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Illustration: Sarah Grillo/Axios

While the U.S. reckons with the fact that China's market power can stymie free speech after the NBA's firestorm, Hollywood — America's premier cultural exporter —  has long willingly bent to Chinese censorship to rake in profits.

Why it matters: China is set to become the world's biggest movie market in 2020, and with its 1.4 billion citizens, it won't relinquish that title anytime soon. That means it's key for Hollywood studios to do all they can to ensure that their tentpoles can pass the standards of the country's strict censors.

The big picture: The country's rampant censorship makes things difficult for foreign films. Beyond unsurprising restrictions on graphic nudity, sex and violence, China's censors can balk at anything from men wearing earrings to ghosts.

Perhaps the most extreme example was the 2018 decision to not allow Disney's "Christopher Robin" to be released, purportedly because Chinese President Xi Jinping's resemblance to Winnie the Pooh had become a joke among activists who resisted the country's Communist regime.

  • Censors also blocked the release of 2013's "World War Z," amplifying the film's relative financial disappointment for its studio, Paramount. Theories for its ban range from a reference to the film's zombie outbreak starting in China to a Chinese shadow ban on its leading man, Brad Pitt, for starring in "Seven Years in Tibet" in 1997.
  • 2012's "Red Dawn" saw its entire original plot, which featured China invading America to reclaim its debt, rewritten after filming to feature North Korea as its enemy instead — and still couldn't get a Chinese release.

Many American films do get released, but only with copious cuts to please the censors. While these usually involve slicing scenes of violence or sex, they often involve more politically-minded edits.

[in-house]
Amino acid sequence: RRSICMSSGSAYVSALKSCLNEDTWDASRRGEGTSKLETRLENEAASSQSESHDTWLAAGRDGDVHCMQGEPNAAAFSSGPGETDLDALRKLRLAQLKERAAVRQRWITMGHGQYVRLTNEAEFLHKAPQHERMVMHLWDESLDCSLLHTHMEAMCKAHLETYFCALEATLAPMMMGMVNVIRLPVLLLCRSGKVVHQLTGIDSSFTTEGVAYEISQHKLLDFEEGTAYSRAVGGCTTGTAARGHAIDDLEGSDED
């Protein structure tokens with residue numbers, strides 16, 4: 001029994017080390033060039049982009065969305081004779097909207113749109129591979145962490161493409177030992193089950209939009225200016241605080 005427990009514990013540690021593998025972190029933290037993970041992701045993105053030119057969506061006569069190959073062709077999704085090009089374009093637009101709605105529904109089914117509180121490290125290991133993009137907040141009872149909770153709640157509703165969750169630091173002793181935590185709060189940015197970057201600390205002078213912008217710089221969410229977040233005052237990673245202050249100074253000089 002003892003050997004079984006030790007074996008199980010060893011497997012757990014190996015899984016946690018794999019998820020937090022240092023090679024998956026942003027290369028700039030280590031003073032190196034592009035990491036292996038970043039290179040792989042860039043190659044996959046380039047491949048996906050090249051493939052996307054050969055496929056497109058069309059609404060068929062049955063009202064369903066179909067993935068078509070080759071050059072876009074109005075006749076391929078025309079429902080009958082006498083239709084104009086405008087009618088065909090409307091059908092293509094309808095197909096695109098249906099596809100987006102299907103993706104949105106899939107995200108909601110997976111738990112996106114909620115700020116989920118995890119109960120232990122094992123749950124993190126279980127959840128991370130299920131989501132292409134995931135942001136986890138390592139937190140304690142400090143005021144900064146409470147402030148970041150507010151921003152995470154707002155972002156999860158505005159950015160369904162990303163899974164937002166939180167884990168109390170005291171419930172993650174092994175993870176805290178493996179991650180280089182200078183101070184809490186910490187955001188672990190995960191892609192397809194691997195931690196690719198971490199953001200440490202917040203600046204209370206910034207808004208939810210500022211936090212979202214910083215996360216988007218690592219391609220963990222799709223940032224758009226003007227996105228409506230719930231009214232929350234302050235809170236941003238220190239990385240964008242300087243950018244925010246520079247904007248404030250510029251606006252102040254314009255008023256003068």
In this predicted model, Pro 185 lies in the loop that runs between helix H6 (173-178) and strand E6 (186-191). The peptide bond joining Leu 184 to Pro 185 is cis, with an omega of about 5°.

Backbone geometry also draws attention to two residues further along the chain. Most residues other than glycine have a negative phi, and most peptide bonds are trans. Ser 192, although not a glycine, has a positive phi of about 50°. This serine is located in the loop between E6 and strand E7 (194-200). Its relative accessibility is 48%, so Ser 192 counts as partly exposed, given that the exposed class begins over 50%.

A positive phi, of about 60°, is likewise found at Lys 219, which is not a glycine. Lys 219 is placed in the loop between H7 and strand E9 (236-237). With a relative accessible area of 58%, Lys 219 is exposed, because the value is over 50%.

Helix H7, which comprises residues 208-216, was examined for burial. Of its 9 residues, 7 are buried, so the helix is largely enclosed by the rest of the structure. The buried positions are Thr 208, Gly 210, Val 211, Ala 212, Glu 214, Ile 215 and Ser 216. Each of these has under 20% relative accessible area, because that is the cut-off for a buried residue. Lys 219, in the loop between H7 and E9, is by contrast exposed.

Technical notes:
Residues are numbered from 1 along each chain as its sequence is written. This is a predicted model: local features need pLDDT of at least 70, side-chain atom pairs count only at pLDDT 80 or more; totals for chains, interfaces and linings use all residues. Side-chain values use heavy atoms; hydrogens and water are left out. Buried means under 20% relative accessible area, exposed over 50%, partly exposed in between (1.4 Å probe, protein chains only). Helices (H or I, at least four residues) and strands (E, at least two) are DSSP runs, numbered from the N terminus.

The bottom line: Despite the handwringing over China's economic ability to suppress Americans' freedom of speech, Hollywood film studios have willingly ceded their artistry to China's censors for years — on issues big and small — in pursuit of the almighty dollar.

Go deeper: China's vise grip on corporate America

Go deeper

Justice Department drops insider trading inquiry against Sen. Richard Burr

Sen. Richard Burr (R-N.C.) walking through the Senate Subway in the U.S. Capitol in December 2020. Photo: Stefani Reynolds/Getty Images

The Department of Justice told Sen. Richard Burr (R-N.C.) on Tuesday that it will not move forward with insider trading charges against him.

Why it matters: The decision, first reported by the New York Times, effectively ends the DOJ's investigation into the senator's stock sell-off that occurred after multiple lawmakers were briefed about the coronavirus' potential economic toll. Burr subsequently stepped down as chair of the Senate Intelligence Committee.

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Illustration: Rebecca Zisser/Axios

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Treasury Secretary nominee Janet Yellen at an event in December. Photo: Alex Wong via Getty Images

Janet Yellen, Biden's pick to lead the Treasury Department, pushed back against two key concerns from Republican senators at her confirmation hearing on Tuesday: the country's debt and the incoming administration's plans to eventually raise taxes.

Driving the news: Yellen — who's expected to win confirmation — said spending big now will prevent the U.S. from having to dig out of a deeper hole later. She also said the Biden administration's priority right now is coronavirus relief, not raising taxes.